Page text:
The world’s desire for plastic is dangerous


A million plastic bottles are purchased around the world every minute and the number will jump another 20% by 2021, creating an environmental crisis some campaigners predict will be as serious as climate change. The demand, equivalent to about 20,000 bottles being bought every second, is driven by an apparently insatiable desire for bottled water and the spread of a western, urbanised culture to China and the Asia Pacific region.


More than 480 billion plastic drinking bottles were sold in 2016 across the world, up from about 300 billion a decade ago. If placed end to end, they would extend more than halfway to the sun. By 2021 this will increase to 583.3 billion, according to the most up-to-date estimates.


Most plastic bottles, which are used for soft drinks and water, are made from Pet plastic, which is highly recyclable. But as their use grows rapidly across the globe, efforts to collect and recycle the bottles to keep them from polluting the oceans, are failing to keep up. For instance, fewer than half of the bottles bought in 2016 were collected for recycling and just 7% of those collected were turned into new bottles. Instead most plastic bottles produced end up in rubbish dumps or in the ocean.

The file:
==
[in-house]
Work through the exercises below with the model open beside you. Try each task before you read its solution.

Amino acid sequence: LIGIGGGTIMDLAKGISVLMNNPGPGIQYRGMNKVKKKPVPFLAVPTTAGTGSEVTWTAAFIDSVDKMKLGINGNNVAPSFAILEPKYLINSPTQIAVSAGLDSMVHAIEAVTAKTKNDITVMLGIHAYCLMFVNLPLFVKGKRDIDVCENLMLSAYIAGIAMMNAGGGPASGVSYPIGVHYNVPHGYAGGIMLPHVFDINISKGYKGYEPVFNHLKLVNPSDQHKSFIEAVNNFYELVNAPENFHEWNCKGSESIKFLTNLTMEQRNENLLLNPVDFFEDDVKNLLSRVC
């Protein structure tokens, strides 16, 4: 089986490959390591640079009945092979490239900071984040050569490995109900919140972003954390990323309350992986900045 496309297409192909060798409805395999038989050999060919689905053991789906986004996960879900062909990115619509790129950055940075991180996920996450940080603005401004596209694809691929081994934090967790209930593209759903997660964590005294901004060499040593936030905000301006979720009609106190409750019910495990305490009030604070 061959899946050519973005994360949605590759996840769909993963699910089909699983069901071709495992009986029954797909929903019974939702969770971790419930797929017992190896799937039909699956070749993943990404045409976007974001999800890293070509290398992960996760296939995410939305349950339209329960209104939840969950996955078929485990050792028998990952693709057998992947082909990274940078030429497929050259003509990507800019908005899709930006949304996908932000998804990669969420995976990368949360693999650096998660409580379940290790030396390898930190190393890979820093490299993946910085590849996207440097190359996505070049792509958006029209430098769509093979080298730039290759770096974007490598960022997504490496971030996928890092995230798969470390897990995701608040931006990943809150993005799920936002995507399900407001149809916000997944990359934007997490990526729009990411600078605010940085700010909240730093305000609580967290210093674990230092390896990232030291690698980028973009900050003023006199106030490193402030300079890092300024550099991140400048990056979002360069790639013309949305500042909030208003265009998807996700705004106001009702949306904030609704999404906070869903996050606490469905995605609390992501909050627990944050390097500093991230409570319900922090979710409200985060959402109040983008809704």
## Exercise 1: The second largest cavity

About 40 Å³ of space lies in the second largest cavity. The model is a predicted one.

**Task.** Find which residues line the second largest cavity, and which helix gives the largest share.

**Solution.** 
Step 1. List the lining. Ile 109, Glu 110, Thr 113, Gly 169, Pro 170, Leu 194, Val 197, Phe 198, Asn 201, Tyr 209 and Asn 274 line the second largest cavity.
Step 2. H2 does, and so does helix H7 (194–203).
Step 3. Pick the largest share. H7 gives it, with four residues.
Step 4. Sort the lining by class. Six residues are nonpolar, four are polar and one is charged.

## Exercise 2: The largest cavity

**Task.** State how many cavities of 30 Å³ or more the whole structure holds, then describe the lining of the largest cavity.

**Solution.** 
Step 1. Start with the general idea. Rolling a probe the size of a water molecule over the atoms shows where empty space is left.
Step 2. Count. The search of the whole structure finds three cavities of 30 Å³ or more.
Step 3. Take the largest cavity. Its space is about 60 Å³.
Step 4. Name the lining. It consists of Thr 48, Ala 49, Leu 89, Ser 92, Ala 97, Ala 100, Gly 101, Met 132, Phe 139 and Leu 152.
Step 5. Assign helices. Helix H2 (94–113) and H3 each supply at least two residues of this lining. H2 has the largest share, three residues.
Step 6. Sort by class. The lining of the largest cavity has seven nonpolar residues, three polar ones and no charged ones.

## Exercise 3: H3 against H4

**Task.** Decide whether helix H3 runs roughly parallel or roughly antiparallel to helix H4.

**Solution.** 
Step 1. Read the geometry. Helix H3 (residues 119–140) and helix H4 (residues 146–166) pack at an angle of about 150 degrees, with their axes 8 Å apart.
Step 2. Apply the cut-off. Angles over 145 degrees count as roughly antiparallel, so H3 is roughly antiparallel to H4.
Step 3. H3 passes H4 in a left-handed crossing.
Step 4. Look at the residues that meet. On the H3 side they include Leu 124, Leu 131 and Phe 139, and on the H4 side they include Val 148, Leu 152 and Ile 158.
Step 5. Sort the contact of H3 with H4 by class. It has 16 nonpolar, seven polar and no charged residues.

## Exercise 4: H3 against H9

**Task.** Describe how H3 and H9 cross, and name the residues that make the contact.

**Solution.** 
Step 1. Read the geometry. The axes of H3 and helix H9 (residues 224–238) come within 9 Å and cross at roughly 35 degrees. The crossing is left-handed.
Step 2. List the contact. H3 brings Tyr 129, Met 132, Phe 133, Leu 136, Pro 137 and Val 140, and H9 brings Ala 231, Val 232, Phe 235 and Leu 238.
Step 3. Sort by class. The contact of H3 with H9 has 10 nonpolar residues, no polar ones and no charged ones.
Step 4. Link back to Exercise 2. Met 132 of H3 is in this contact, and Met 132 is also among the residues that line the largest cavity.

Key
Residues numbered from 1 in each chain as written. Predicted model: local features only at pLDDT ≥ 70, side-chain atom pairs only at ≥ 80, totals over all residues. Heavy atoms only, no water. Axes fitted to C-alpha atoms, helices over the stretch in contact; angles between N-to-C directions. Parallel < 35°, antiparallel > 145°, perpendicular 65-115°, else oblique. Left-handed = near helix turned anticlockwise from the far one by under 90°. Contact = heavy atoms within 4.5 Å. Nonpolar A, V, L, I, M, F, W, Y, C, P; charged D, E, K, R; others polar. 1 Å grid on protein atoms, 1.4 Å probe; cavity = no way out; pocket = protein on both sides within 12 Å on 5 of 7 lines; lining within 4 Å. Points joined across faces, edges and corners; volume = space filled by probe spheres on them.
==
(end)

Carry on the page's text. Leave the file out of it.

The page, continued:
Whilst the production of single use plastics has grown dramatically over the last 20 years, the systems to contain, control, reuse and recycle them just haven’t kept pace. In the UK 38.5 million plastic bottles are used every day – only just over half make it to recycling, while more than 16 million are put into rubbish dumps, burnt or leak into the environment and oceans each day. “Plastic production is set to double in the next 20 years and grow by 4 times that by 2050 so the time to act is now,” according to environmentalist. There has been growing concern about the impact of plastics pollution in oceans around the world. Last month scientists found nearly 18 tonnes of plastic on one of the world’s most remote islands, an uninhabited place in the South Pacific.